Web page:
Draft Adequacy Decision by EU Commission
The importance of Adequacy
The EU Commission on 19th February 2021 published a draft adequacy decision in favour of the United Kingdom. This is good news and whilst not a final decision is bodes well for UK businesses who trade in the EU.
Following the UK’s exit from the European Union and the end of the transition period on 31st December 2020, the UK became a Third Country in terms of our relationship with the EU. In respect of data protection this means that transfers of personal data from the EU to the UK can only take place under certain circumstances, to ensure sufficient safeguards are in place to protect EU data subjects. These safeguards must be put in place by any UK company that offers goods or services, or monitors the activity of EU citizens. Broadly speaking the main safeguards are:
Standard Contractual Clauses (SCCs) (most commonly used)
Binding Corporate Rules (BCRs) (for large corporates)
Derogations under Article 49 of the GDPR (rarely used)
An adequacy decision by the EU Commission
Most of the above safeguards involve a lot of paperwork, often legal fees and following a recent CJEU court case, the use of SCCs (the most common and likely route for most companies) entail additional actions including risk assessments on a “case-by-case” basis etc. A Third Country that received an adequacy decision however, is free to transfer data unhindered by red tape.
In order to reach an adequacy decision the Commission, along with other EU bodies, assess the data protection laws of the importing country and pay particular attention to the degree and ease of access by government to personal data. The recent demise of US Privacy Shield in the Schrems 2 case, and the absence of any adequacy decision in favour of the US, is largely down to the degree of access that US intelligence agencies have to personal data of non-US citizens. Additionally, at present there is no federal data protection legislation spanning the whole US. Currently only 12 countries have been given adequacy decisions.
So, why have the EU decided to offer the UK adequacy?
Current European data protection legislation has its roots very largely in the European Convention on Human Rights. The Commission appears to be favouring UK 'adequacy' (which requires "essential equivalence" with the EU in the protection of personal data) based to a large extent on the U.K.'s ratification of that Convention which guarantees the "right to a private and family life". But importantly the Commission also accepts that government access to personal data is only permitted under specific circumstances, mainly around public safety/security. This is detailed in the Convention but the U.K. Human Rights Act 1998 dictates that any public authority action must be consistent with the Convention to which the U.K. has signed up. I think the apparent acceptance of this point by the Commission is key, because one of the reasons adequacy was in doubt was EU concerns over potential government access to data.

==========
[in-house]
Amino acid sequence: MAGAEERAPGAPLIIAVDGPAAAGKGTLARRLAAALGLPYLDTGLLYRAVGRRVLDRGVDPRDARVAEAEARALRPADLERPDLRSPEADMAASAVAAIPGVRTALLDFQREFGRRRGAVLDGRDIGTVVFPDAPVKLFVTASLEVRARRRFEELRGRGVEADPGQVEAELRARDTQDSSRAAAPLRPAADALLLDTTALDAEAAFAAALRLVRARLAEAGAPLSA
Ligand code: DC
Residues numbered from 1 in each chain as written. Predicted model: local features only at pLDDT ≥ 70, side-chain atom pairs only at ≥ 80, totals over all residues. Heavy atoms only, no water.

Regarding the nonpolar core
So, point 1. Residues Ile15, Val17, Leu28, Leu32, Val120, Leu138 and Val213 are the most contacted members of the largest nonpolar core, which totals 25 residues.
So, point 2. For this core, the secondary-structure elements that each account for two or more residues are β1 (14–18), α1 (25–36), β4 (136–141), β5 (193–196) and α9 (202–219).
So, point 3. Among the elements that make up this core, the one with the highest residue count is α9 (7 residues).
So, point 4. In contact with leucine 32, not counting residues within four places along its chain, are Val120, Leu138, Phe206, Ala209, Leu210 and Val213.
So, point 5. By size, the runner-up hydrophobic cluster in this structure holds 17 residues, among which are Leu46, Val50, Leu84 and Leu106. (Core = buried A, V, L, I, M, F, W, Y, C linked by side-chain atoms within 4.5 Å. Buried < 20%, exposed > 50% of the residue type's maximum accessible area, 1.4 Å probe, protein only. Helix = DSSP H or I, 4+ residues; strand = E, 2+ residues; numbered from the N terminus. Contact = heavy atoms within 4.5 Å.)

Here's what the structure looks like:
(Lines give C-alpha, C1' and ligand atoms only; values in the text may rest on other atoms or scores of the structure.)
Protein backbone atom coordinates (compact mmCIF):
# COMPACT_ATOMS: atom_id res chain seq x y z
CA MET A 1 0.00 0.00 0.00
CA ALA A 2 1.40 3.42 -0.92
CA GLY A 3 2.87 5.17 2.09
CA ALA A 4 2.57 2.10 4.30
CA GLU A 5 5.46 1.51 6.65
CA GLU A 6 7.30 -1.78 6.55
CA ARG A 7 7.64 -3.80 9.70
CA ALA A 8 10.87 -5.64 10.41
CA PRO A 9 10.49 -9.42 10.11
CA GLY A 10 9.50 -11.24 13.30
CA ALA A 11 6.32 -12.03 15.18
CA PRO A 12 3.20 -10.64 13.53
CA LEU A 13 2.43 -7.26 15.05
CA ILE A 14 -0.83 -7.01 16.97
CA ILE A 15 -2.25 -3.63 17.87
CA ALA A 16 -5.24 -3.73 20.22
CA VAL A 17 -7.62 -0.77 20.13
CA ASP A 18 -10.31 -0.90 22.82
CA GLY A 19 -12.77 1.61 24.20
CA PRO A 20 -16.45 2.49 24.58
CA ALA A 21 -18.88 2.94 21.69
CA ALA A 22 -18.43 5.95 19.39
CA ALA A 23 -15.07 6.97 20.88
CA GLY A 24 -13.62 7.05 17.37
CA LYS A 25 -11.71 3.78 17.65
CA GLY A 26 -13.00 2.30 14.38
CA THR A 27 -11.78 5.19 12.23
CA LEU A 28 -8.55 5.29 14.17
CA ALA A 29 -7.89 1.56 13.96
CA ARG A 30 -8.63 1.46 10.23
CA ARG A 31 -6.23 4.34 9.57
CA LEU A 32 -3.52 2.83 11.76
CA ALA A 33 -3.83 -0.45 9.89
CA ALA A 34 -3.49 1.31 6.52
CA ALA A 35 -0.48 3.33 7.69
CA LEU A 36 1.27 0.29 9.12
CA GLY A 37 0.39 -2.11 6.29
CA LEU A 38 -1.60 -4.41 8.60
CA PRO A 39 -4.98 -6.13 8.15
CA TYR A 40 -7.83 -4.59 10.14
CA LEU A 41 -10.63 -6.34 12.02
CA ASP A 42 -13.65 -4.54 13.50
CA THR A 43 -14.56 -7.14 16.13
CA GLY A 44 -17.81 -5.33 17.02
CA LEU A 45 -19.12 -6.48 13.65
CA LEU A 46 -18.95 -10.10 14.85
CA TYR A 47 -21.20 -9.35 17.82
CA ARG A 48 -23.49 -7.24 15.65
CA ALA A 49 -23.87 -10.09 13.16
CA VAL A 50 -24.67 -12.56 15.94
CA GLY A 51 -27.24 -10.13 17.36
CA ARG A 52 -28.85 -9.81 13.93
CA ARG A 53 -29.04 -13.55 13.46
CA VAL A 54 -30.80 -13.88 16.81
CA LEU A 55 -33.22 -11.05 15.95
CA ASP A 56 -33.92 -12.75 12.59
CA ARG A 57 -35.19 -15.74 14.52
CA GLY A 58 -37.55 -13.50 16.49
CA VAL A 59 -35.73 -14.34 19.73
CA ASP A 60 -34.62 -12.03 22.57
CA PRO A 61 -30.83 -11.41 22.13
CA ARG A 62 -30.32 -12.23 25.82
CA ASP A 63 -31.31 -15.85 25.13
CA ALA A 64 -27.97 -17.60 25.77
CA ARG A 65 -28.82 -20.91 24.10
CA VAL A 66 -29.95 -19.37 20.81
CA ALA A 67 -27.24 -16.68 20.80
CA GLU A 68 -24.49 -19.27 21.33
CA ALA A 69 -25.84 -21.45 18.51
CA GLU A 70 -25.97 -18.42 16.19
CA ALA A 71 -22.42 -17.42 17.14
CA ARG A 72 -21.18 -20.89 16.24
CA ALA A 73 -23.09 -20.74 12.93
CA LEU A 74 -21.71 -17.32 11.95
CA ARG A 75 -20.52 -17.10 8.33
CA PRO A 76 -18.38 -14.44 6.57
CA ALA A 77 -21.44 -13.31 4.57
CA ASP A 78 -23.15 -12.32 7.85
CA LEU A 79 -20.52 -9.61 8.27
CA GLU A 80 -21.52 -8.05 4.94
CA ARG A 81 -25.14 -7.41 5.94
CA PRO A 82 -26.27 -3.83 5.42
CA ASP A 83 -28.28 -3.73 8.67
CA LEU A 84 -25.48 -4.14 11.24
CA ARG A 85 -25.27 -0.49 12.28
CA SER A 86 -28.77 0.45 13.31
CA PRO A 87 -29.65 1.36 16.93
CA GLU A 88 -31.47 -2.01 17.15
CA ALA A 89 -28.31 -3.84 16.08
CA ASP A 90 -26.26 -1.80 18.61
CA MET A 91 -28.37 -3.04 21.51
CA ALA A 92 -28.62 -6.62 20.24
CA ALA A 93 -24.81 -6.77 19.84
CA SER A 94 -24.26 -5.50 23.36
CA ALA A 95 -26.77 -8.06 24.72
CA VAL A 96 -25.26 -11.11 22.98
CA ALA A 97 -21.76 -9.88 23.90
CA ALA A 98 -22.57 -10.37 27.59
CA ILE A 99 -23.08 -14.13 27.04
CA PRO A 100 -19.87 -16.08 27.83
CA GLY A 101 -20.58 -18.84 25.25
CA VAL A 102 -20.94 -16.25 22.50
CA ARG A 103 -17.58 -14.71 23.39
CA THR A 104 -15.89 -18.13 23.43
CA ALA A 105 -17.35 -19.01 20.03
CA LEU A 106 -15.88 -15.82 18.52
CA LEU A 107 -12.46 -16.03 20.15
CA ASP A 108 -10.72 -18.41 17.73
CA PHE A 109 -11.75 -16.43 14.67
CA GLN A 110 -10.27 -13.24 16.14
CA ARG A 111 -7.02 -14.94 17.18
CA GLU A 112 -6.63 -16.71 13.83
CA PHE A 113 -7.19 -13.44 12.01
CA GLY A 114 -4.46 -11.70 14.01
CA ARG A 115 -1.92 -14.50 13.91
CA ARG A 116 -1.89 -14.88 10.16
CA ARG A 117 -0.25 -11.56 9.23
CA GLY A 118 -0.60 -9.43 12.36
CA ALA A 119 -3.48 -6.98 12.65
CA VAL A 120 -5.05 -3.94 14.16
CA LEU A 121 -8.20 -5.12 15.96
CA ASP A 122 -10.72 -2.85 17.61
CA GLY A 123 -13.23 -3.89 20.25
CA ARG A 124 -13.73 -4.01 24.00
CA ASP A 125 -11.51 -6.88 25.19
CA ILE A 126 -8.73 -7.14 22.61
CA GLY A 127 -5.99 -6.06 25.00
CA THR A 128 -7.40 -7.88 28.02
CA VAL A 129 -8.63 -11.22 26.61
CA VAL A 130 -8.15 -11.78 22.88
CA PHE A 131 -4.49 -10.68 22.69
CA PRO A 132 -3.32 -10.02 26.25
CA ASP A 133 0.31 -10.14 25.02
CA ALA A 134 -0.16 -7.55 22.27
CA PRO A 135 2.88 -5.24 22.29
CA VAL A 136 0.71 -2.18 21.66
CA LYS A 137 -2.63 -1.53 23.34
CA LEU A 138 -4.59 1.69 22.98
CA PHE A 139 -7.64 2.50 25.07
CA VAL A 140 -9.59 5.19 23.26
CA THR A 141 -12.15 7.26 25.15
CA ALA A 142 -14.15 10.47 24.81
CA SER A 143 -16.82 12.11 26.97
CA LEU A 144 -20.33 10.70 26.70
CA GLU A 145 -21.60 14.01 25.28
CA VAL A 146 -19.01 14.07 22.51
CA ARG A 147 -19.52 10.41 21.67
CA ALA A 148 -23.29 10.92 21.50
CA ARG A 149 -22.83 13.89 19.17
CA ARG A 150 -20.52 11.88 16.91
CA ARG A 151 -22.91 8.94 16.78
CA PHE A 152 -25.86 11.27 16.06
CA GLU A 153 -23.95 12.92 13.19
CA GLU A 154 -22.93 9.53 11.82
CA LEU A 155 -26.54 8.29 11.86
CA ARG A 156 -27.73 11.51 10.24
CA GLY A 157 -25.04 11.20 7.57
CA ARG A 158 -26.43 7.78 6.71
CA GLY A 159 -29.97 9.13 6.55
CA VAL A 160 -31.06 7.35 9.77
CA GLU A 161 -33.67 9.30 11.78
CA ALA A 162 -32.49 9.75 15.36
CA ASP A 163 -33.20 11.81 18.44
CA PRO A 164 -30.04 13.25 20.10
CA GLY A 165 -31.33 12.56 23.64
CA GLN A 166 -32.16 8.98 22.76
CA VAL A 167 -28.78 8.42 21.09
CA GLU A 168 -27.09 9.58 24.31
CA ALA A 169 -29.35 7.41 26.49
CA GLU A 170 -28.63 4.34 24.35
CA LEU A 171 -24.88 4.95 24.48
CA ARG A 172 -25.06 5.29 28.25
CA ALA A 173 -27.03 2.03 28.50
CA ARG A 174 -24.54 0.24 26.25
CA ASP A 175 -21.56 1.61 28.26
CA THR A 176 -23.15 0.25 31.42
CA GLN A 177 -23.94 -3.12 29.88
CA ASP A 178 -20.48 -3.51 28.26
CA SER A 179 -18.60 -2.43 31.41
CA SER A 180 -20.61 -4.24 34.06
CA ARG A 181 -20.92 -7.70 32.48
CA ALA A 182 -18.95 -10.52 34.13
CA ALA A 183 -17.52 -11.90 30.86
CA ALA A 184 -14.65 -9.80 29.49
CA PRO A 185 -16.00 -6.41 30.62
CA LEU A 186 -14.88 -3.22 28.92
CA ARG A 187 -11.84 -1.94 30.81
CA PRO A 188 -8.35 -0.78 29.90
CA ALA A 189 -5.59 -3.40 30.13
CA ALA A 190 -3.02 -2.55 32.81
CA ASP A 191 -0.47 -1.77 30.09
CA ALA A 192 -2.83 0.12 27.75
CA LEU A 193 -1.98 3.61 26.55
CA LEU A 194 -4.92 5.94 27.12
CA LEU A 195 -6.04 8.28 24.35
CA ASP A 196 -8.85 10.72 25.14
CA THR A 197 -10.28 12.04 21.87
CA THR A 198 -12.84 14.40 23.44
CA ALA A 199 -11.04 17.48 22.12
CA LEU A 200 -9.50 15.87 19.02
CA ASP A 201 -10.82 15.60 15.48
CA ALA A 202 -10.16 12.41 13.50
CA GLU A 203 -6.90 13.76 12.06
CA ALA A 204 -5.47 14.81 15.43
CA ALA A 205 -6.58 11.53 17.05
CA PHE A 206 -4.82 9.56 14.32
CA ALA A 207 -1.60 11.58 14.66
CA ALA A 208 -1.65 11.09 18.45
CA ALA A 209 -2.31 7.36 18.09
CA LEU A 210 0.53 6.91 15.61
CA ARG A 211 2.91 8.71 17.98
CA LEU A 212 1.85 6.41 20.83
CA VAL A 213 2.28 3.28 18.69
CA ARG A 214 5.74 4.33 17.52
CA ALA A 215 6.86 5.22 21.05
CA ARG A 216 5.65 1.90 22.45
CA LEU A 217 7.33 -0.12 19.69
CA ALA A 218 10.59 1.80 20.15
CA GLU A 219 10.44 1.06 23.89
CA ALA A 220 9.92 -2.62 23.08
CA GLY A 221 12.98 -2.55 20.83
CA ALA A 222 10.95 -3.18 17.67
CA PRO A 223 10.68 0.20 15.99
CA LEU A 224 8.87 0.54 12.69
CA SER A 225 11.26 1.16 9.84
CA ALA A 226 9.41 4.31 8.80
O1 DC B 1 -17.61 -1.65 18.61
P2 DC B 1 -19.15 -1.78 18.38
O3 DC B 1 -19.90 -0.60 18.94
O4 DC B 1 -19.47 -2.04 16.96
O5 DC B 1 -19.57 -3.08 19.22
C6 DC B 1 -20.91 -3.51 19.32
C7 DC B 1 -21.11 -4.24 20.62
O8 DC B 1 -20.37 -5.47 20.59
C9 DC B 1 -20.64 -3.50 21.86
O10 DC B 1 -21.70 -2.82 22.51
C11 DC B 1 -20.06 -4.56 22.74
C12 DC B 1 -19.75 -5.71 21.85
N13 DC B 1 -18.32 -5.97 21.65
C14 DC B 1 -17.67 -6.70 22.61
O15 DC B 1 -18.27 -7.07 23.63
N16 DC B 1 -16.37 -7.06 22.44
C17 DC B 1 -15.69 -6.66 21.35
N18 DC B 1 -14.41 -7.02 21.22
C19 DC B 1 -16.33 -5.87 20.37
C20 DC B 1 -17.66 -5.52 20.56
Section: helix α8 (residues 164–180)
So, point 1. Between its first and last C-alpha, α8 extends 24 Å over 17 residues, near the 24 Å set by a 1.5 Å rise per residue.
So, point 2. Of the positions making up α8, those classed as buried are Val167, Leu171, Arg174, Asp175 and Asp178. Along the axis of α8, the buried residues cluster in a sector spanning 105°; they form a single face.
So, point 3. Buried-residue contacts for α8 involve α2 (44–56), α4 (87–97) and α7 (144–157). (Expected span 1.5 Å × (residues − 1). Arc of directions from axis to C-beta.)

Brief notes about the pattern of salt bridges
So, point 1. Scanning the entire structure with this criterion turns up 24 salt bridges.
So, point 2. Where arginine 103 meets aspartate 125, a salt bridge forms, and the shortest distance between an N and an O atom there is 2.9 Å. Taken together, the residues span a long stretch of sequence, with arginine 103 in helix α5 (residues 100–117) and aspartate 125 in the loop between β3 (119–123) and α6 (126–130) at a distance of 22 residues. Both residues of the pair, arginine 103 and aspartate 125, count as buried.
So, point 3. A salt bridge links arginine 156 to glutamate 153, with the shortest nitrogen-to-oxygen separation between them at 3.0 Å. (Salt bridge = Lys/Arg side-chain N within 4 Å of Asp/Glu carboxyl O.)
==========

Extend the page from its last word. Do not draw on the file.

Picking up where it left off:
Another key factor in this decision was the fact that the UK, having been bound by the GDPR as members of the EU, have now, through the European Withdrawal Act 2018 and the ‘easy for you to say’ Data Protection, Privacy & Electronic Communications (Amendments etc.) (EU Exit) Regulations 2019, brought the GDPR into UK law as the UK GDPR. This being supplemented by the Data Protection Act 2018. This means that it would be difficult for the Commission to argue that the UK does not have “essentially equivalent” data protection rules to those of the EU.
New data protection laws appear to be sweeping the globe, and the US is currently discussing possible implementation of federal legislation. I would anticipate more adequacy decisions in coming years, especially as the free flow of data is so fundamental to international commerce.
We are not out of the woods yet but this is certainly a positive step and we await final adoption with baited breath!
It is worth pointing out however, that even in the case of adequacy, UK businesses offering goods or services in the EU/EEA, who do not have an establishment within the EU/EEA, must be aware that they will probably need to appoint a representative in the EU/EEA. This is a service we can offer so if you are affected by this please contact us for details.
Nick Richards CIPP/E